General Sherman


December 26, 1864

Lincoln Letter to Sherman

From Washington, D.C., Pres. Abraham Lincoln wrote Gen. Sherman in Savannah in response to Sherman’s Dec. 22 letter presenting Savannah to the president as a Christmas gift:

Transcript: “MY DEAR GENERAL SHERMAN: Many, many thanks for your Christmas gift, the capture of Savannah. When you were about leaving Atlanta for the Atlantic coast, I was anxious, if not fearful; but feeling that you were the better judge, and remembering that ‘nothing risked, nothing gained,’ I did not interfere. Now, the undertaking being a success, the honor is yours; for I believe none of us went further than to acquiesce. And taking the work of General Thomas into the county, as it should be taken, it is indeed a great success. Not only does it afford the obvious and immediate military advantages, but, in showing to the world that your army could be divided, putting the stronger part to an important new service, and yet leaving enough to vanquish the old opposing force of the whole - Hood’s army - it brings those who sat in darkness to see a great light. But what next? I suppose it will be safer if I leave General Grant and yourself to decide. Please make my grateful acknowledgments to your whole army, officers and men.”

Source: U.S. War Department, The War of the Rebellion: A Compilation of the Official Records of the Union and Confederate Armies (Washington: U.S. Government Printing Office, 1893, reprinted by The National Historical Society, 1971), Series I, Vol. XLIV, p. 809. 

Excerpt from General Sherman's 1875 Biography Memoirs (Volume  Savannah and Pocotaligo, Page 231). This excerpt shows where Sherman got the idea to write the telegram.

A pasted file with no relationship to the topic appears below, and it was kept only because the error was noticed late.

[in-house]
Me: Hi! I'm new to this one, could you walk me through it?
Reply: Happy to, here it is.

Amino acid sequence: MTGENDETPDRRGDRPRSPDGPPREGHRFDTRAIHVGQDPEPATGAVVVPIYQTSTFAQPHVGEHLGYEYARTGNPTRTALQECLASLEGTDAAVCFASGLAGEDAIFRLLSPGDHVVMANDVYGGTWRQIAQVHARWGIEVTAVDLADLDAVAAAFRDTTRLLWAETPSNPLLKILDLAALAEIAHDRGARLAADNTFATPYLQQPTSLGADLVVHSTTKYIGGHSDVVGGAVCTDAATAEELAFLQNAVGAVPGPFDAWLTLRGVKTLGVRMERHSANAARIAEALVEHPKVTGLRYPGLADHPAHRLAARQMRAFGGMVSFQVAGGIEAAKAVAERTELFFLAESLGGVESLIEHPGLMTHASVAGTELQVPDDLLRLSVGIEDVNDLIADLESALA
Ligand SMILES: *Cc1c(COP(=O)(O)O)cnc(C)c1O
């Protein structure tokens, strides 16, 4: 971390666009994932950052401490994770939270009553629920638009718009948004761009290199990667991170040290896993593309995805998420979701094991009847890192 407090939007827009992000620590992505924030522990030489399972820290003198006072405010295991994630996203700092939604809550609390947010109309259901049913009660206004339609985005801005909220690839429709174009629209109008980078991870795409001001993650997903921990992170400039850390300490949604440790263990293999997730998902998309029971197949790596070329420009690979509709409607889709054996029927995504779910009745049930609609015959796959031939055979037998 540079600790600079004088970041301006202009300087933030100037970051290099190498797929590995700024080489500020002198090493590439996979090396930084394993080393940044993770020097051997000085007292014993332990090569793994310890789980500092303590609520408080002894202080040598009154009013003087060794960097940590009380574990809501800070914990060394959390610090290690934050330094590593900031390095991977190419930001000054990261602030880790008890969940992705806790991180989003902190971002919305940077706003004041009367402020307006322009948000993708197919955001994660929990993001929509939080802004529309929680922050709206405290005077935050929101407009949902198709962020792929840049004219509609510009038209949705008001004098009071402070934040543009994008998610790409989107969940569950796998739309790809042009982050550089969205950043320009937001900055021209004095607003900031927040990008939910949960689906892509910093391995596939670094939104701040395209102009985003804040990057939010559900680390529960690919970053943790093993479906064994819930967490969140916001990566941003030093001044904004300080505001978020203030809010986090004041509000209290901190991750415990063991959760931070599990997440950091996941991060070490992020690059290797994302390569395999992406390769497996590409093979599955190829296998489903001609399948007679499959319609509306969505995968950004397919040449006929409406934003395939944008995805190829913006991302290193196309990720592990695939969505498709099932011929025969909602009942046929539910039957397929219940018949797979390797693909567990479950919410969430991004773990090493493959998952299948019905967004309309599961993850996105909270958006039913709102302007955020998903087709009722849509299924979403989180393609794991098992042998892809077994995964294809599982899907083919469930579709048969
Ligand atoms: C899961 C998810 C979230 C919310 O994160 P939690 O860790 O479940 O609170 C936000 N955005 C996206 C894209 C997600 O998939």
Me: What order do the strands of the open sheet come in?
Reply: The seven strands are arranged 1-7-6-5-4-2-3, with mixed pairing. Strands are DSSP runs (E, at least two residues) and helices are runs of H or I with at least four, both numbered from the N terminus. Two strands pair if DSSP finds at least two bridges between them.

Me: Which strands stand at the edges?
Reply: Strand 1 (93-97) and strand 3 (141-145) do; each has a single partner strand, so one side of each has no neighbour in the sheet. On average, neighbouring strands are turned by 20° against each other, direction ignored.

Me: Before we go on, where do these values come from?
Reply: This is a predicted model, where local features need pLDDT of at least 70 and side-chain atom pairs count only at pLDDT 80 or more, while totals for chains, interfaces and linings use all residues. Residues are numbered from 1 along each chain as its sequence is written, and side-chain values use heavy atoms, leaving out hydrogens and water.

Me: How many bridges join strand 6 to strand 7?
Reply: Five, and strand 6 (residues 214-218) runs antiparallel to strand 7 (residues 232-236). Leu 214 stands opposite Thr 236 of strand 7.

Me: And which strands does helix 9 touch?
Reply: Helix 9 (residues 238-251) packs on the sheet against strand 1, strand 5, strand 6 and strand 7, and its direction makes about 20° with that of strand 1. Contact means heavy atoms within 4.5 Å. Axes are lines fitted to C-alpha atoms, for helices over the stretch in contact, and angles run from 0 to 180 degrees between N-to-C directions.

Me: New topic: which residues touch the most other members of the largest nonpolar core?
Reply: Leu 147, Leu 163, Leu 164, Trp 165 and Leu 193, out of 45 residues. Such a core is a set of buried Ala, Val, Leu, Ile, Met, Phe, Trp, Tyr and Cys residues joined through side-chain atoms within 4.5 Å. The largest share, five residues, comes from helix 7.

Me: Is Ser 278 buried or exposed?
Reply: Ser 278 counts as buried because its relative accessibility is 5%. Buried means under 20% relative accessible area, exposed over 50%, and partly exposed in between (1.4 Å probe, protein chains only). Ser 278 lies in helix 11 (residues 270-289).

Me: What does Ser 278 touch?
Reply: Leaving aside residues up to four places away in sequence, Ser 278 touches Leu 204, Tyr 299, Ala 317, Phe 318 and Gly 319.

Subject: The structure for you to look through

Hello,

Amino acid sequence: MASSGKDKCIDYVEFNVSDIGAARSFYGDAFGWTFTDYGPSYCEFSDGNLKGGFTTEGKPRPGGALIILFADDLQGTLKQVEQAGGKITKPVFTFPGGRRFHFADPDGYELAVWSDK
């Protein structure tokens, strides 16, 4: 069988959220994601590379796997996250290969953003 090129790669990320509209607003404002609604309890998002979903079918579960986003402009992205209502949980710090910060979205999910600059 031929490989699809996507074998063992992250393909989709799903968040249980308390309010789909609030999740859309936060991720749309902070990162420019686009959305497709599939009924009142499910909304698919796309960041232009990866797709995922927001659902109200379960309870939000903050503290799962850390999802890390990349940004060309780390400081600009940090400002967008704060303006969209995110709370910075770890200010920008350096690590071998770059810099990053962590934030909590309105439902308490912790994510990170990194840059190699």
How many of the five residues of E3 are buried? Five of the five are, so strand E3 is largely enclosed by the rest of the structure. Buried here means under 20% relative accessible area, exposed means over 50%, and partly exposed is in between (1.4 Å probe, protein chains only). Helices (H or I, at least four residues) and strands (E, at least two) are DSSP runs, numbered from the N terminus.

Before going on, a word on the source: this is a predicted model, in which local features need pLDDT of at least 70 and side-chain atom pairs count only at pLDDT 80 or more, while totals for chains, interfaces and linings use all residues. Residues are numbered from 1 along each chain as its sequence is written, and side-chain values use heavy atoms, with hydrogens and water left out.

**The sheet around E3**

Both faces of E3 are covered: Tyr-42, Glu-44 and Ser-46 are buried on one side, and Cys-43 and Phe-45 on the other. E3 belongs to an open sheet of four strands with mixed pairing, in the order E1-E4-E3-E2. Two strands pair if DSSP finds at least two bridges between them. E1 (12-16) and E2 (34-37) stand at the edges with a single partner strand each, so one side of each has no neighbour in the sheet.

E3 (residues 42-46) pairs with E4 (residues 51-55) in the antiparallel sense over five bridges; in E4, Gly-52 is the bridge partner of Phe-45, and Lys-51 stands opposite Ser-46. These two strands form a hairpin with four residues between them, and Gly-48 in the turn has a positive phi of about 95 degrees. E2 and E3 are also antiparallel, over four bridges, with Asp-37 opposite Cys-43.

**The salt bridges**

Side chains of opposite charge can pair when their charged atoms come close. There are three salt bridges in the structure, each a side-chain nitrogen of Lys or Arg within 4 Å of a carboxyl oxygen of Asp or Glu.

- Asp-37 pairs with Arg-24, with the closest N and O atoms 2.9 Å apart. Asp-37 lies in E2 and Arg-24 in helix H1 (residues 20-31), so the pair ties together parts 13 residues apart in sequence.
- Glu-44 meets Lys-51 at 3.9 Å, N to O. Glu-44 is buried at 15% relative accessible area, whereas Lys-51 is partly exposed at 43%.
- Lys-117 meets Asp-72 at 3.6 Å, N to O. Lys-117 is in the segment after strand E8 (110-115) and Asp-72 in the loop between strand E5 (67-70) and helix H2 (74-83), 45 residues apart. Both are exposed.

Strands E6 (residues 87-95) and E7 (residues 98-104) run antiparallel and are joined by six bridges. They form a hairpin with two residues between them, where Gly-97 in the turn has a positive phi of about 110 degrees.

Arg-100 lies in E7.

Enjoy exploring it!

Within an hour of taking my quarters in Mr. Green's house, Mr. A.G. Browne, of Salem, Massachusetts, United States Treasury agent for the Department of the South, made his appearance to claim possession, in the name of the Treasury Department, of all captured cotton, rice, buildings, etc. Having use for these articles ourselves, and having fairly earned them, I did not feel inclined to surrender possession, and explained to him that the quartermaster and commissary could manage them more to my liking than he; but I agreed, after the proper inventories had been prepared, if there remained any thing for which we had no special use, I would turn it over to him. It was then known that in the warehouses were stored at least twenty-five thousand bales of cotton, and in the forts one hundred and fifty large, heavy sea-coast guns; although afterward, on a more careful count, there proved to be more than two hundred and fifty sea-coast guns, and thirty-one thousand bales of cotton. At that interview Mr. Browne, who was a shrewd, clever Yankee, told me that a vessel was on the point of starting for Old Point Comfort, and, if she had good weather off Cape Hatteras, would reach by Christmas-day, and he suggested that I might make it the occasion of sending a welcome Christmas gift to the President, Mr. Lincoln, who peculiarly enjoyed such pleasanty. I accordingly sat down and wrote on a slip of paper, to be left at the telegraph-office at Fortress Monroe for transmission, the following:

Savannah Georgia, December 22, 1864
To His Excellency President Lincoln, Washington, D.C.:
I beg to preset you as a Christmas-gift the city of Savannah, with one hundred and fifty heavy guns and plenty of ammunition, also about twenty-five thousand bales of cotton. 
W.T. Sherman, Major-General